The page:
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Etching nickel silver


#1

Hello!

I’m doing mokume rings made of sterling and nickel silver. As
the color contrast is not very expressive and any patina wears
off quickly, I would like to acid etch them in order to give
these rings a little more structure. So my question is how to
etch the nickel silver? Which acids? Concentration?

Thanks,
Sabine

sabineas virtual gallery:
http://www.sabinea.com/


#2

Sabine,

Try some experimentation, as different acids will do different
things. I’d suggest making up a simple test plate with a number
of small pieces of your material to try with differing acids.

Nitric acid will definately attack both metals, but may do so at
different rates. Try a fairly dilute solution first, I’d guess.
Etching both metals like this would be to give a slight texture
to the silver parts, and a different texture perhaps, as well as
(hopefully) some definition of depth between the layers, to the
nickle silver.

Hydrochloric won’t actually etch the silver, but will turn it a
sort of smutty off white color (a layer of silver chloride forms,
which is insoluable, and stops further attack by the acid) The
nickle will be etched a bit. Again, I’d try it first with a
pretty dilute solution. Easier to add a bit of acid to increase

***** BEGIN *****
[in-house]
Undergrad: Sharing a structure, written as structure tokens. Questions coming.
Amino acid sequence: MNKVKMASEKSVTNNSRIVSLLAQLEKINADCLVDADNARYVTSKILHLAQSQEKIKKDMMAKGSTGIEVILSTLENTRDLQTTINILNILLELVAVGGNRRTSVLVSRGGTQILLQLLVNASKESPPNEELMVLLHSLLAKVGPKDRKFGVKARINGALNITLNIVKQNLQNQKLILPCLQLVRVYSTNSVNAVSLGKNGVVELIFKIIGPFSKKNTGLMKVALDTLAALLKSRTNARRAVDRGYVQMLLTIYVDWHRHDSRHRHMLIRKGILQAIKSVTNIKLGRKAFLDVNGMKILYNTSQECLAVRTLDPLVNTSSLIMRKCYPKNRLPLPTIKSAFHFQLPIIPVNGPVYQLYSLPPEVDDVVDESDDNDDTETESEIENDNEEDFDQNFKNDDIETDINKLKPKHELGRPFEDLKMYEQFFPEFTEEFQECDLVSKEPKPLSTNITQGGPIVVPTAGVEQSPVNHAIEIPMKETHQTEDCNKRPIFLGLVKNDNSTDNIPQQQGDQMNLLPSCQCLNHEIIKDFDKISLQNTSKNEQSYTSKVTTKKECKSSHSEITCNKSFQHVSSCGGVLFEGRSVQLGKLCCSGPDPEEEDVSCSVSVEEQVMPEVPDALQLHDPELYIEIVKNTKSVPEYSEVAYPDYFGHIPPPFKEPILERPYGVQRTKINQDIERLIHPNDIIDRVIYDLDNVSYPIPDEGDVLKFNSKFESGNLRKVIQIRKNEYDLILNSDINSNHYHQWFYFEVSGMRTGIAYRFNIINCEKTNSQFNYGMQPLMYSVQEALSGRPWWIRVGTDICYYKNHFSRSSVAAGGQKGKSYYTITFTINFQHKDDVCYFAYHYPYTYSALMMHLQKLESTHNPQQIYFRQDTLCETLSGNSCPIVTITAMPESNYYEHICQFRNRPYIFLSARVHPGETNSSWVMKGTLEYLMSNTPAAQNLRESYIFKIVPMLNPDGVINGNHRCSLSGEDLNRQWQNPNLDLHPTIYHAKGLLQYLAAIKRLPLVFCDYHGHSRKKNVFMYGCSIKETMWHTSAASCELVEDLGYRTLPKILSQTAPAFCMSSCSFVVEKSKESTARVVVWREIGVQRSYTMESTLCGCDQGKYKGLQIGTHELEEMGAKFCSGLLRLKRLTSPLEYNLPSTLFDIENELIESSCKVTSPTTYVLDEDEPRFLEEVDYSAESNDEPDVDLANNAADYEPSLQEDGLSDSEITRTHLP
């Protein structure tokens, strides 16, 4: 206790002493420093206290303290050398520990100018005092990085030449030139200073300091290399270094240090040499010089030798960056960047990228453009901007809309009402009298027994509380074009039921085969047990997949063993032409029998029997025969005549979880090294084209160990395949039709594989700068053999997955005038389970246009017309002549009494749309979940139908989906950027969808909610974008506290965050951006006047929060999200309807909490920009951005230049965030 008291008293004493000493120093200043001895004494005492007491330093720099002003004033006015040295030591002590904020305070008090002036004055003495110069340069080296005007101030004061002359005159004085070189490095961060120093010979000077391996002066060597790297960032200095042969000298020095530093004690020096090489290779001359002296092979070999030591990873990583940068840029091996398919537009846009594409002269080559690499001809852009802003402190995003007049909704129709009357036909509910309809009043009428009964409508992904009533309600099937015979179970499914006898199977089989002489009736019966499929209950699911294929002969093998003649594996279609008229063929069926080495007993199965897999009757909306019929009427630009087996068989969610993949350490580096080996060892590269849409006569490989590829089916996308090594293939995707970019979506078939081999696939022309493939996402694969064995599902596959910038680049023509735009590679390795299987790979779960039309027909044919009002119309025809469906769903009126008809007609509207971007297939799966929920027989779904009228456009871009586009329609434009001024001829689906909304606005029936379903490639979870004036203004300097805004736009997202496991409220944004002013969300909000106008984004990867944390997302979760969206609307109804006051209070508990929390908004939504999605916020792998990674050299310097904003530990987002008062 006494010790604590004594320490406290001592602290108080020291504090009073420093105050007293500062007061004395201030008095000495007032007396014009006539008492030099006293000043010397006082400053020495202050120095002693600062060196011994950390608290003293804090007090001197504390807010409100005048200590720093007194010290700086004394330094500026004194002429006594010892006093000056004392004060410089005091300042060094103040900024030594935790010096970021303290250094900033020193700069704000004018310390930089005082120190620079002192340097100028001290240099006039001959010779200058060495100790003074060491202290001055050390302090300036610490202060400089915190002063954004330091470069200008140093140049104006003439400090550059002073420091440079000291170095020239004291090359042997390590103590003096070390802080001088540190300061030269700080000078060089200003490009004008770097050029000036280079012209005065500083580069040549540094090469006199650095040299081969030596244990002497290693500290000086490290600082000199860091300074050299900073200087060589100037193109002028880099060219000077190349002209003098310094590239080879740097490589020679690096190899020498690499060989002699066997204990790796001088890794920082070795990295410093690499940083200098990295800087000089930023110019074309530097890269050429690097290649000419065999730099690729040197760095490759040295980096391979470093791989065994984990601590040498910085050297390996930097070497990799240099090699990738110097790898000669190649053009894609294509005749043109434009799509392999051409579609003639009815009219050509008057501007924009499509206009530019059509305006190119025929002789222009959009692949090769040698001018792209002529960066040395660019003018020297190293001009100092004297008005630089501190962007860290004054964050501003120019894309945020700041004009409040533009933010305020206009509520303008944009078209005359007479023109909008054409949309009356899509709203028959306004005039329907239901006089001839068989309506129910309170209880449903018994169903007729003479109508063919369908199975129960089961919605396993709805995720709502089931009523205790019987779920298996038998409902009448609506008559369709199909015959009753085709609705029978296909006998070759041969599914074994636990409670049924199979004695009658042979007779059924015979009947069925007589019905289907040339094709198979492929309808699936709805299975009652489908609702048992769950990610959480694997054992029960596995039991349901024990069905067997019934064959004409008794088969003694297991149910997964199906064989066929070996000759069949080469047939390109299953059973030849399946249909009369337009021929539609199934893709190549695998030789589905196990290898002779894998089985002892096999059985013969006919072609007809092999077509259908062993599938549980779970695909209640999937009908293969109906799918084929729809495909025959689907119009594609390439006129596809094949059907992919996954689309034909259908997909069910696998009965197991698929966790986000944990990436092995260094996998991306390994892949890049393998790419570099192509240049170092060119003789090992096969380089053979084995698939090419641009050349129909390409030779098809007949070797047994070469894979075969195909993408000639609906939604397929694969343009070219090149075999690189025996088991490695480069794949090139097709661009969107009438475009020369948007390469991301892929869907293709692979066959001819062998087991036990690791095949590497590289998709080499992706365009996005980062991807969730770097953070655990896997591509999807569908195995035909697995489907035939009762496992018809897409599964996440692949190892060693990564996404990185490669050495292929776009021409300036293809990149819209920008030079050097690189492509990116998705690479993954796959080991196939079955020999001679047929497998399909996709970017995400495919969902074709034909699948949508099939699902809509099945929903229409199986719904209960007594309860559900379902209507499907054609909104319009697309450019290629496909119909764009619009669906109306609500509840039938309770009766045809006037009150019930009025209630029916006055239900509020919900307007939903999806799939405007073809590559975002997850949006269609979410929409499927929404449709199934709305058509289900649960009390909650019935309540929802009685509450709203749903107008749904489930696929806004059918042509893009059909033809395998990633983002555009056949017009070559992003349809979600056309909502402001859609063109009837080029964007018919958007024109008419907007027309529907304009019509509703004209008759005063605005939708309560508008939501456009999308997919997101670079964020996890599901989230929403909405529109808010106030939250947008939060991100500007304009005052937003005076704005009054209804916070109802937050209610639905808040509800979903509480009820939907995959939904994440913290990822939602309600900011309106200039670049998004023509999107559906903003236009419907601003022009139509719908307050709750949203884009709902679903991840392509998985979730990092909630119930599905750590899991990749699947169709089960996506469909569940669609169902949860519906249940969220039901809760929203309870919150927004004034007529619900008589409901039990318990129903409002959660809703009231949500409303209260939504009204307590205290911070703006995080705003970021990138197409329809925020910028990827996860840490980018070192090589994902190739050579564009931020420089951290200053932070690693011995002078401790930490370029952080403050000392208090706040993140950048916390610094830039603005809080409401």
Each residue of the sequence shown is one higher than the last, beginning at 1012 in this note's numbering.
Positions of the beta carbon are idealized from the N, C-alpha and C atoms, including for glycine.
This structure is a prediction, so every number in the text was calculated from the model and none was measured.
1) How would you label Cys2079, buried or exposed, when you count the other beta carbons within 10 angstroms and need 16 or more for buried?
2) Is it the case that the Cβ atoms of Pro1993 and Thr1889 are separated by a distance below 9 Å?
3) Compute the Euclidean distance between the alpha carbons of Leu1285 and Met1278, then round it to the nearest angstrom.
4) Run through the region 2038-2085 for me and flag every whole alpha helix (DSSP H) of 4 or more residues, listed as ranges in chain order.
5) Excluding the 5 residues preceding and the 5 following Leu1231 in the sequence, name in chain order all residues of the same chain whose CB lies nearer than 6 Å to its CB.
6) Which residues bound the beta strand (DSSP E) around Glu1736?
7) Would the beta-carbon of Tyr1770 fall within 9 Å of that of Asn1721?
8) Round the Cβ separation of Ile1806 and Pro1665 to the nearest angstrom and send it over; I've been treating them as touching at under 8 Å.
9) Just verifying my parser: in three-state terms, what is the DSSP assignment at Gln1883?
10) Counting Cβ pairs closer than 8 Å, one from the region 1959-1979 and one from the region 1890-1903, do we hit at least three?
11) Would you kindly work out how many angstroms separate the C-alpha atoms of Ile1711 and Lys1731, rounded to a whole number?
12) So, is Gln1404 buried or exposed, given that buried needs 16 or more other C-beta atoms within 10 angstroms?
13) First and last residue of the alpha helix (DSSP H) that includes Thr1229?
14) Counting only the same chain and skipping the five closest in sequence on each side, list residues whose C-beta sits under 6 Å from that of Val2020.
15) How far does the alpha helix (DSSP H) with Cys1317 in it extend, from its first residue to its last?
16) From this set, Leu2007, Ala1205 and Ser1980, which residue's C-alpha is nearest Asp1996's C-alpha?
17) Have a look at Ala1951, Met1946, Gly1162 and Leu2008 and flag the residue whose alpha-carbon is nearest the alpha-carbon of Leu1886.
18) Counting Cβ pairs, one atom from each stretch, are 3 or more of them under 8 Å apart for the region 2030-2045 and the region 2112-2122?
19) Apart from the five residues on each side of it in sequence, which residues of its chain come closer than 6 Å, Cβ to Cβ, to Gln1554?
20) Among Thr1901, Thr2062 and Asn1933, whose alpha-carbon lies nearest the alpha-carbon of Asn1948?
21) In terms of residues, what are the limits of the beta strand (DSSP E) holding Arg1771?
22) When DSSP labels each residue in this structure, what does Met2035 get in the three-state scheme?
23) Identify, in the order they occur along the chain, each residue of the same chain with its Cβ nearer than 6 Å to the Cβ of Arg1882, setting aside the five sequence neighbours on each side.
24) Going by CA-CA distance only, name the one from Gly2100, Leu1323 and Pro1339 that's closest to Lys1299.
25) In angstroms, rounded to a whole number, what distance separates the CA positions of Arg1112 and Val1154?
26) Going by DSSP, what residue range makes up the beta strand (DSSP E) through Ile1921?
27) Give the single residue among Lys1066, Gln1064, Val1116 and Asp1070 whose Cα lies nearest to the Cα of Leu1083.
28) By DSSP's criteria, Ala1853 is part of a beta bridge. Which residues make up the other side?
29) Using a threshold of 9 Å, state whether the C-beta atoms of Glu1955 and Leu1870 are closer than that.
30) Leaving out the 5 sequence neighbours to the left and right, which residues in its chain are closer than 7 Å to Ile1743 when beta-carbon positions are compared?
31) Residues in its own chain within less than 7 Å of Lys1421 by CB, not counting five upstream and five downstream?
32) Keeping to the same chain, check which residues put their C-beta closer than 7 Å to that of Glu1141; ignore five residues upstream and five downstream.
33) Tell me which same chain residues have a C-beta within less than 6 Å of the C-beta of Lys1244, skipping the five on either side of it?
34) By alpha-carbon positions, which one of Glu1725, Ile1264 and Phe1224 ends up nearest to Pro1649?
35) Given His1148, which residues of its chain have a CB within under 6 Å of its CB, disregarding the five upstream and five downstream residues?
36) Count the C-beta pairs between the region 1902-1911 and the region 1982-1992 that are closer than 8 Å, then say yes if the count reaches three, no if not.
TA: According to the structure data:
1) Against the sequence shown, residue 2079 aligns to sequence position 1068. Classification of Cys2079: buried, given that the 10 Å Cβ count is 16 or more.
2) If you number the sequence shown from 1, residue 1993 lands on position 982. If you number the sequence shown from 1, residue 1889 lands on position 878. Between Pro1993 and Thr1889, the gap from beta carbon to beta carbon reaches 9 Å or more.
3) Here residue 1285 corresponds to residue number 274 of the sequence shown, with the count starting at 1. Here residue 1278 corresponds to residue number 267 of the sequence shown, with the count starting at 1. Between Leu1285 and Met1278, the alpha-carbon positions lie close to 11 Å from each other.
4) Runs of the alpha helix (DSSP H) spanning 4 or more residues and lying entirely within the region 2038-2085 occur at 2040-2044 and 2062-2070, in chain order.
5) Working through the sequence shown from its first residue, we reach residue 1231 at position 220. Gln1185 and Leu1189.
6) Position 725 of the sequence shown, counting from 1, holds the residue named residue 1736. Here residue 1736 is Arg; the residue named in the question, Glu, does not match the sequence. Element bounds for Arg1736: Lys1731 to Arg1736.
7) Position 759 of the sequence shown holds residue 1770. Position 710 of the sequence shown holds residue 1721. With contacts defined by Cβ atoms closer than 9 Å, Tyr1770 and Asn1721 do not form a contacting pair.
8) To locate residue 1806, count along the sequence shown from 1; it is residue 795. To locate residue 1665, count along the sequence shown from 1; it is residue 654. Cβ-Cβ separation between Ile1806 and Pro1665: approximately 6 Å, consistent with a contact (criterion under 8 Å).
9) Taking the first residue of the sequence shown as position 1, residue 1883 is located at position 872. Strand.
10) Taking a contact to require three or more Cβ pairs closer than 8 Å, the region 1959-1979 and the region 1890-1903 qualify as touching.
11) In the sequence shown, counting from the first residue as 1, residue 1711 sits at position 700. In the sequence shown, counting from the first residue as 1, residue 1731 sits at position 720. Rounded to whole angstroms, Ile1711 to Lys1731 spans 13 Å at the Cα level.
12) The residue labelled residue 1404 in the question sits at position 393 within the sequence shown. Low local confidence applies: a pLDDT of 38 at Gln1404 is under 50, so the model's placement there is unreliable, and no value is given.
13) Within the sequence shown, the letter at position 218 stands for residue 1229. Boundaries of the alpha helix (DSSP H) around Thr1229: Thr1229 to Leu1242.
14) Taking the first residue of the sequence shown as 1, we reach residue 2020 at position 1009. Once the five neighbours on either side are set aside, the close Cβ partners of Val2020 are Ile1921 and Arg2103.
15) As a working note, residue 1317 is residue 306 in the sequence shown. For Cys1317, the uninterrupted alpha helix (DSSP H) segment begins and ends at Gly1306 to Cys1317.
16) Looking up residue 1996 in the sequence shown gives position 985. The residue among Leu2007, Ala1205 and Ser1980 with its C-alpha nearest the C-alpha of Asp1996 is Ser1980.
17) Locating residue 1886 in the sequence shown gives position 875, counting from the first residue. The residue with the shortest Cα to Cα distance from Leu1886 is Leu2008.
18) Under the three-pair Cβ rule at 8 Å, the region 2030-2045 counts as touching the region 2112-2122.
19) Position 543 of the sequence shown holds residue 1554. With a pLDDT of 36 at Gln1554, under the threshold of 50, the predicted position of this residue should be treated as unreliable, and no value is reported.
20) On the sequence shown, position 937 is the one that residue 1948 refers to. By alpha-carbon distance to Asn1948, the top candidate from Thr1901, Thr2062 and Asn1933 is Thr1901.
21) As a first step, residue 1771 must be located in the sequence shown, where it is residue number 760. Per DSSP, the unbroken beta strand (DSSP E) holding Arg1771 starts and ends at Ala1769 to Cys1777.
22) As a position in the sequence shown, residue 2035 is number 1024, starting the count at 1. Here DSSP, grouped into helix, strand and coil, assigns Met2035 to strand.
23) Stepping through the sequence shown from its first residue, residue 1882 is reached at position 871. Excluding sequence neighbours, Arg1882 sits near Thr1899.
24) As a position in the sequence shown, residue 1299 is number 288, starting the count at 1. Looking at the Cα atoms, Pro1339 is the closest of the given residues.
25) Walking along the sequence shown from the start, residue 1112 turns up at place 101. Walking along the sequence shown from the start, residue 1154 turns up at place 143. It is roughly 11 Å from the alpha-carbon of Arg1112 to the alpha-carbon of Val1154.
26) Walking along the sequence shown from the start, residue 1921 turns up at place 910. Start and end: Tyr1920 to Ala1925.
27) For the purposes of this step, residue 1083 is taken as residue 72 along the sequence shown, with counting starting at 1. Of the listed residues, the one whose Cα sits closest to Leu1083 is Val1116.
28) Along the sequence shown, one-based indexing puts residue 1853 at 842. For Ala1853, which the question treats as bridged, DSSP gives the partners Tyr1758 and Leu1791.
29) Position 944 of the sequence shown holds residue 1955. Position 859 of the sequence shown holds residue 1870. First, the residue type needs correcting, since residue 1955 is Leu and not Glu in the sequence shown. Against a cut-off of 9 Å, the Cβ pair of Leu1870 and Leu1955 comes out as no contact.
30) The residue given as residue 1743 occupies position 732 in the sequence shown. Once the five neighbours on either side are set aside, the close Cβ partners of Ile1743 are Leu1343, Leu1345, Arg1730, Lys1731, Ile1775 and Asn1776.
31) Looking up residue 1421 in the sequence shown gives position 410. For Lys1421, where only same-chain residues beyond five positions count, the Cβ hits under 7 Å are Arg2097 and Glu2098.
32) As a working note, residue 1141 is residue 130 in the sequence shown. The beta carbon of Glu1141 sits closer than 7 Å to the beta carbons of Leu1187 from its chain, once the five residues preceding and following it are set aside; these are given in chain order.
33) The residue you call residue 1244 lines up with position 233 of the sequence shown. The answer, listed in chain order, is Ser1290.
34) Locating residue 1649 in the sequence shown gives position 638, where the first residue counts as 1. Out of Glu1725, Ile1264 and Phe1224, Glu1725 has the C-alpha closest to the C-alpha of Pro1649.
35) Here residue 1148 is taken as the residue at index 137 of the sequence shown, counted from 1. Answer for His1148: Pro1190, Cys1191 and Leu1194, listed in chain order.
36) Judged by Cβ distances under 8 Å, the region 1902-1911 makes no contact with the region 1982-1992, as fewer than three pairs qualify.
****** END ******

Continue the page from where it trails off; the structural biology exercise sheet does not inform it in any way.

the concentration if it doesn’t seem to be doing enough.

Sulphuric will slightly attack sterling if it’s hot, but cold
more dilute solutions won’t touch it much. However, it will
easily attack the copper based nickle silver. This is my guess
for a bright sterling/deeply etched nickle sort of look. As
before, start with dilute solutions (I’d guess 5-10%) and try
it.

For a very slow steady etch on the nickle silver, give some
ferric chloride a try. I don’t know if it will actually work,
but it won’t touch sterling, and on copper it etches smoothly and
evenly. Since nickle silver is mostly copper, I’d expect it to
have some effect.

All the above is based only on general basic knowledge and what
I would expect to happen. I haven’t actually tried etching
nickle silver before. So this is a guess. But I hope it’s of
use.

Peter Rowe


#3

Sabine -

Nickel silver is a copper alloy (percentage of copper:nickel is
not at my fingertips at the moment) and can be etched just like
copper or brass with ferric chloride. You can buy the liquid form
from Tandy/Radio shack; a pint costs about $3.50; or you can mix
your own from the ferric chloride salt available from a chemical
supply house such as Bryant Lab in Berkeley, CA. The salt will
cost you about $16 per pound. For years I used the salt, mixing
it in a ratio of about 12 oz per quart of water. This was the
formula I read in a jewelry book, and it seemed to give OK
results. I thought it would be much “stronger” (work better,
last longer, cheaper) than what Radio Shack sells already mixed.
About a year ago I ran out, and used some Radio Shack stuff in a
pinch, and got the same results for 20 percent of the cost and 1
percent of the hassle. So now I just buy the stuff already mixed.
Use full strength.

Just in case you’re not familiar with etching in general, ferric
chloride will hold up to a number of different resists:
asphaltum varnish, Sharpie markers, PnP blue paper, fingernail
polish, rosin, and printmaking grounds available at a place like